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Tuesday, 22 October 2002
Page: 5596


Senator KIRK (3:26 PM) —Australian families are sinking under the combined weight of household and government family payment debts but today the government—through the Minister for Finance and Administration, Senator Minchin—has failed to acknowledge their plight. We heard today that recent ABS statistics show that Australian families are now straining under a record $597 billion of debt, an average of $81,000 for every household. Household debt has jumped $23.4 billion in the three months to June and $79.3 billion in the 12 months to June this year. Household debt has gone up $319.5 billion since the coalition came to office, yet the government speaks of its `economic management'.

These amounts are almost double the amounts of household debt under the last Labor government. Household debt per household has jumped from $41,450 when Labor left office to almost double that— $83,000—today. Average household debt has surged from 82 per cent of disposable income in 1995 to 122 per cent at the end of March this year. ABS statistics show that the average family now owes $122 for every $100 of their disposable income. With credit card debt also at a record high, families are now saving just 50c out of every $100 earned. This is one of the lowest saving rates ever.

These figures are a stark illustration of the growing debt burden faced by Australian families as they struggle to cope under the highest taxing and highest spending government in Australian history. Yet today the minister refused to acknowledge this in his answer to my question during question time. Under the Howard government, Australian families are under greater financial stress than ever before and are increasingly vulnerable to interest rate increases. Homebuyers who have borrowed heavily relative to their income—often close to the full value of the property—will be particularly vulnerable if prices fall or if interest rates rise further. The Reserve Bank and the Australian Prudential Regulation Authority have given repeated warnings to borrowers and lenders to exercise caution. But, despite this, the government has failed to recognise that there is a household debt problem and has made no consistent response to the risk of the housing bubble. This is despite repeated warnings made by the Reserve Bank about the expansion of household debt and the increasing vulnerability of Australian households to interest rate increases. It is irresponsible of the government to sit on its hands and passively await a housing bust, with the pain that this will inflict upon Australian households. The government should join the opposition in warning potential borrowers to ensure that they are not overstretching themselves. In particular, borrowers should be warned to assess whether they have the financial capacity to respond to worsening financial circumstances, such as possible interest rate increases.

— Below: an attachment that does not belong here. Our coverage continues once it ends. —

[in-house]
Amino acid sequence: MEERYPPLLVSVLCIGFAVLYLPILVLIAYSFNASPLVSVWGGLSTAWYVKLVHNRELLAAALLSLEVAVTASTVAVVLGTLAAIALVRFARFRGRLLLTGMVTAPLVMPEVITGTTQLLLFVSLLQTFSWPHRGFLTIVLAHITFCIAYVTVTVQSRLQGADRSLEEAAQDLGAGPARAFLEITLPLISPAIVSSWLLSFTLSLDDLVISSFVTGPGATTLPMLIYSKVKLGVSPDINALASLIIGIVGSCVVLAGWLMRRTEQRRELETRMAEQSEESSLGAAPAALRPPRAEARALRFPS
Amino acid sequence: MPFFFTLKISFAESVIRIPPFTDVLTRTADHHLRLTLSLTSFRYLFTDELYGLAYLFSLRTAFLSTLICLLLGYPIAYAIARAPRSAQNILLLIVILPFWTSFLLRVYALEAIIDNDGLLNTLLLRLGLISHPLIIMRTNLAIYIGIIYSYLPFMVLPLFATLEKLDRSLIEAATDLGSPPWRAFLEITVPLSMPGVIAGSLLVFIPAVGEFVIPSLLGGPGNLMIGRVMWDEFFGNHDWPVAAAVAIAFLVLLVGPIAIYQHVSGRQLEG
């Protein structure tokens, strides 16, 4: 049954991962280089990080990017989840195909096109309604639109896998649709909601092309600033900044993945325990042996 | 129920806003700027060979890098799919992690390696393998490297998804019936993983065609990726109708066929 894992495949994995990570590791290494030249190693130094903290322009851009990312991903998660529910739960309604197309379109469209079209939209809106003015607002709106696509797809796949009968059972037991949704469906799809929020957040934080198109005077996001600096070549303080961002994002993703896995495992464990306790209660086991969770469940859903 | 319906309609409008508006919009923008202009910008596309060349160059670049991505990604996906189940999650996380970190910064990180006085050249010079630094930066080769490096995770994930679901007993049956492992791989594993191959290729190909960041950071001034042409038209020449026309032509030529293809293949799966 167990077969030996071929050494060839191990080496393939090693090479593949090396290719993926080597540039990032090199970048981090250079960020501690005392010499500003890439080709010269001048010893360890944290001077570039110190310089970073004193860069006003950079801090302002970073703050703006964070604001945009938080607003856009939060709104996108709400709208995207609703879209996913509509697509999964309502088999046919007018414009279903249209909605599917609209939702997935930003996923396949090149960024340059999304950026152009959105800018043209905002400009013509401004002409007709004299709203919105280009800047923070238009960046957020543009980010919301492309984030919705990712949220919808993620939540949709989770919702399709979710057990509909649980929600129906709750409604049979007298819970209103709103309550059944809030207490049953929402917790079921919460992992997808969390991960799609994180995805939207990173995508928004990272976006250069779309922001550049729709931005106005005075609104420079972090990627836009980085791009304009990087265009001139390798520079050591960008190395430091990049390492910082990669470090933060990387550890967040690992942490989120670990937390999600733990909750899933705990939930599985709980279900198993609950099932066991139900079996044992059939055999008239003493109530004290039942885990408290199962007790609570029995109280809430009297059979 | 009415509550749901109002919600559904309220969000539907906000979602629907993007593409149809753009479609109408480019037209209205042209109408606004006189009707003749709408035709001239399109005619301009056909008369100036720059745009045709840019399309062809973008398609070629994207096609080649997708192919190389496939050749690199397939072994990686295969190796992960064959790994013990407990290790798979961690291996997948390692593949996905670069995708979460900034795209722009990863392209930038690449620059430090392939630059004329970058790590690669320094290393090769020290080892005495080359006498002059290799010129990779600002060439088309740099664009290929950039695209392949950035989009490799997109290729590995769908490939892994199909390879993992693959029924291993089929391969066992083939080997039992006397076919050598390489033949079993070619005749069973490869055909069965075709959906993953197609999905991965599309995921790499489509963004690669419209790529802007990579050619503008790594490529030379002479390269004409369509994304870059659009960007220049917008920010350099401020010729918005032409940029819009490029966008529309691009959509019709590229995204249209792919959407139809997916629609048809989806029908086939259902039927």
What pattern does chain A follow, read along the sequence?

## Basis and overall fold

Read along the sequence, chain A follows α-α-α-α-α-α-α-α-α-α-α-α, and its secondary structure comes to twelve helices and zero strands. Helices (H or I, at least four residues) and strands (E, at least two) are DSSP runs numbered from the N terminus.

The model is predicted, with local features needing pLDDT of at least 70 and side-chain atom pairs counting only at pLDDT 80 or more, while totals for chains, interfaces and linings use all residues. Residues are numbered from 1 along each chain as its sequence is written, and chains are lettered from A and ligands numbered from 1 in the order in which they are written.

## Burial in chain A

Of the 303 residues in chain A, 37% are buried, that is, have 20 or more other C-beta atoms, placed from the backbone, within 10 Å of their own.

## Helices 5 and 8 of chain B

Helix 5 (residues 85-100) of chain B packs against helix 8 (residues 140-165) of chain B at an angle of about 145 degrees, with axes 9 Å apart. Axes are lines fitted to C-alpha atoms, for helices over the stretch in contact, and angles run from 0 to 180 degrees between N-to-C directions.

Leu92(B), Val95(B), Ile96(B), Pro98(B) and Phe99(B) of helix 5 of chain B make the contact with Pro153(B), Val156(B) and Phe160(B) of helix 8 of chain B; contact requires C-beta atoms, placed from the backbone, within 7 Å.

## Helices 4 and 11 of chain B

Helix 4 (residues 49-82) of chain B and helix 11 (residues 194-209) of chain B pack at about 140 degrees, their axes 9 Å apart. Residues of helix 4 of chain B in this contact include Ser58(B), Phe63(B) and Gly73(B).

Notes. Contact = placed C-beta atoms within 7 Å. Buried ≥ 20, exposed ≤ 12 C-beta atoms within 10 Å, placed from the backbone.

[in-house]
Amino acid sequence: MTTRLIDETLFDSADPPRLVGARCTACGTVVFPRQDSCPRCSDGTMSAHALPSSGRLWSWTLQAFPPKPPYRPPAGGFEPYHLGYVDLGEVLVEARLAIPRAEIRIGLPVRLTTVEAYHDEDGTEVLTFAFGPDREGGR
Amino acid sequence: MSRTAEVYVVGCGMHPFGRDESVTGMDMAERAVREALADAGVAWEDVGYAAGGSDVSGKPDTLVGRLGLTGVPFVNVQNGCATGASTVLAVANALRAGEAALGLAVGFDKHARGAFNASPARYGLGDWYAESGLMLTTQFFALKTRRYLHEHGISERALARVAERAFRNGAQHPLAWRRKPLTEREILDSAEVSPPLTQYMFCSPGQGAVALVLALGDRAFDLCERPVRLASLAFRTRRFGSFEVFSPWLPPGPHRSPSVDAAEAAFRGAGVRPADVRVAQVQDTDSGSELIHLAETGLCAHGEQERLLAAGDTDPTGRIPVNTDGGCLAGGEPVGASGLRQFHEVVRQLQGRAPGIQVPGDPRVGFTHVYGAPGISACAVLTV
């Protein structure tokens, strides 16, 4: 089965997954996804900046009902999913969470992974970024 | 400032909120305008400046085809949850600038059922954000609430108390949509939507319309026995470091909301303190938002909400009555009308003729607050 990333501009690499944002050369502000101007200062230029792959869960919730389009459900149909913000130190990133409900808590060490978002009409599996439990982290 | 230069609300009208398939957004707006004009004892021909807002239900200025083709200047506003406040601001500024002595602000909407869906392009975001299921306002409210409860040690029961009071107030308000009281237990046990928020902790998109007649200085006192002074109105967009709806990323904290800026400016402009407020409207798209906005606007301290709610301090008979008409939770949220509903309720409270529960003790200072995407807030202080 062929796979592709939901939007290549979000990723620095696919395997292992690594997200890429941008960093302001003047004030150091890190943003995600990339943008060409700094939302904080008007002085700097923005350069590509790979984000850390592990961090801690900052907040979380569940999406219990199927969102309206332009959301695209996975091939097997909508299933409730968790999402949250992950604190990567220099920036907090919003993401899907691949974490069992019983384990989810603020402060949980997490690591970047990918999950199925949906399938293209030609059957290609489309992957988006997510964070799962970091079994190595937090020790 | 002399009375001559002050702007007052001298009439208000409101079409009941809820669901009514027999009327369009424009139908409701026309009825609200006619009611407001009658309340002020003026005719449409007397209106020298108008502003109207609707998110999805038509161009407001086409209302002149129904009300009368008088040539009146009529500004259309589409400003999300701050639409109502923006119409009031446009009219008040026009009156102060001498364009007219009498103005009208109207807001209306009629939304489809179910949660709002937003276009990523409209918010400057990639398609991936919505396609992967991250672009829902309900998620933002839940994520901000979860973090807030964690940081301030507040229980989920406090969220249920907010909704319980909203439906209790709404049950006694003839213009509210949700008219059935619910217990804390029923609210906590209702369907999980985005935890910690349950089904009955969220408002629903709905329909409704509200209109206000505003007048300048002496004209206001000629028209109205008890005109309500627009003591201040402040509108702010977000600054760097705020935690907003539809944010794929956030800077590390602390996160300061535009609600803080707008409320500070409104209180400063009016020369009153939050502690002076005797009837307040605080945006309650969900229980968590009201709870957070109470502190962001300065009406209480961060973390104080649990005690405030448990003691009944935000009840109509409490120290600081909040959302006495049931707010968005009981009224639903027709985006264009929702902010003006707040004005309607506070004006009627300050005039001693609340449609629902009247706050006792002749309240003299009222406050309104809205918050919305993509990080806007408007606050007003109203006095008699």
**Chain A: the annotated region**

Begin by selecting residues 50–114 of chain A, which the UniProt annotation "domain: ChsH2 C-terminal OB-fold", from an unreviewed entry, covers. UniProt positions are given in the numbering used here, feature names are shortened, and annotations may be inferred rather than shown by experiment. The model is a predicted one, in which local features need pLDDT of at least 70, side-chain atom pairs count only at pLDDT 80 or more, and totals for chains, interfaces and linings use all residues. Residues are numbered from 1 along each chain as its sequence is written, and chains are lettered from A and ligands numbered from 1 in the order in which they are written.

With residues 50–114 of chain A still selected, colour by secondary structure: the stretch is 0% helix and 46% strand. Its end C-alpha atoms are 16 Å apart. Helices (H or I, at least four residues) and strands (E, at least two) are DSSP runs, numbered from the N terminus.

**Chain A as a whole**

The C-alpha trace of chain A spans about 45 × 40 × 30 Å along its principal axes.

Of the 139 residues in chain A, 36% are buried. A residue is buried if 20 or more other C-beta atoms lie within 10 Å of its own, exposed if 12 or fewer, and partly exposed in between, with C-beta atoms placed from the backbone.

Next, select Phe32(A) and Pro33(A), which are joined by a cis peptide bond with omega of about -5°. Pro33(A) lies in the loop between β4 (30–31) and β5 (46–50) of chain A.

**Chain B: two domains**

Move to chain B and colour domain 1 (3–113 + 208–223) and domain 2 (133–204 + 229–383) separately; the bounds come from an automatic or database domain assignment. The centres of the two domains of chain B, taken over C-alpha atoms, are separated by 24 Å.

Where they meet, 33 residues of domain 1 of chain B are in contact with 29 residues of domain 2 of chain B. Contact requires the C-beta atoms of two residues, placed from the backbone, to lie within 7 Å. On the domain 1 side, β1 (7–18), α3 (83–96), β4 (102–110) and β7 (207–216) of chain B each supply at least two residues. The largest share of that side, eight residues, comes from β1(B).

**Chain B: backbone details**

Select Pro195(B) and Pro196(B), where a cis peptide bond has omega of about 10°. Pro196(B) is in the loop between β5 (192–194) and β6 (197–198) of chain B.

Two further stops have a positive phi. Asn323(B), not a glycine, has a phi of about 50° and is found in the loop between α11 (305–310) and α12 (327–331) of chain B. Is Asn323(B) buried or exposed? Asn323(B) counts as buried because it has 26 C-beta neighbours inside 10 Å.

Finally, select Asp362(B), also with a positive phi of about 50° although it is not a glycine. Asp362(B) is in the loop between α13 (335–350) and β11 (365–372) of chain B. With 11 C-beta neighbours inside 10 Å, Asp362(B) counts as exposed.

October Reserve Bank transaction card figures show that Australian credit card debt has hit record levels under the Howard government. Total debt has soared to $21.5 billion in August, an increase of over $100 million in just one month. These figures indicate Australian consumers are increasing their exposure levels to personal debt, month after month. In four years, credit card debt has exploded by 220 per cent from $9.8 billion to $21.5 billion and has increased as a proportion of household debt by 35 per cent. This is of particular concern when the August Reserve Bank statement on monetary policy showed average credit card interest rates at 16 per cent.

It is clear that consumers are extremely vulnerable when it comes to credit card debt. I asked the minister today whether the government would work with the states to ban credit card providers from issuing unsolicited promotional material with pre-approved credit limits or credit limit increases, but the minister provided no answer to this question. Labor calls on the government, in cooperation with the states, to reform the uniform consumer credit code. (Time expired)

Question agreed to.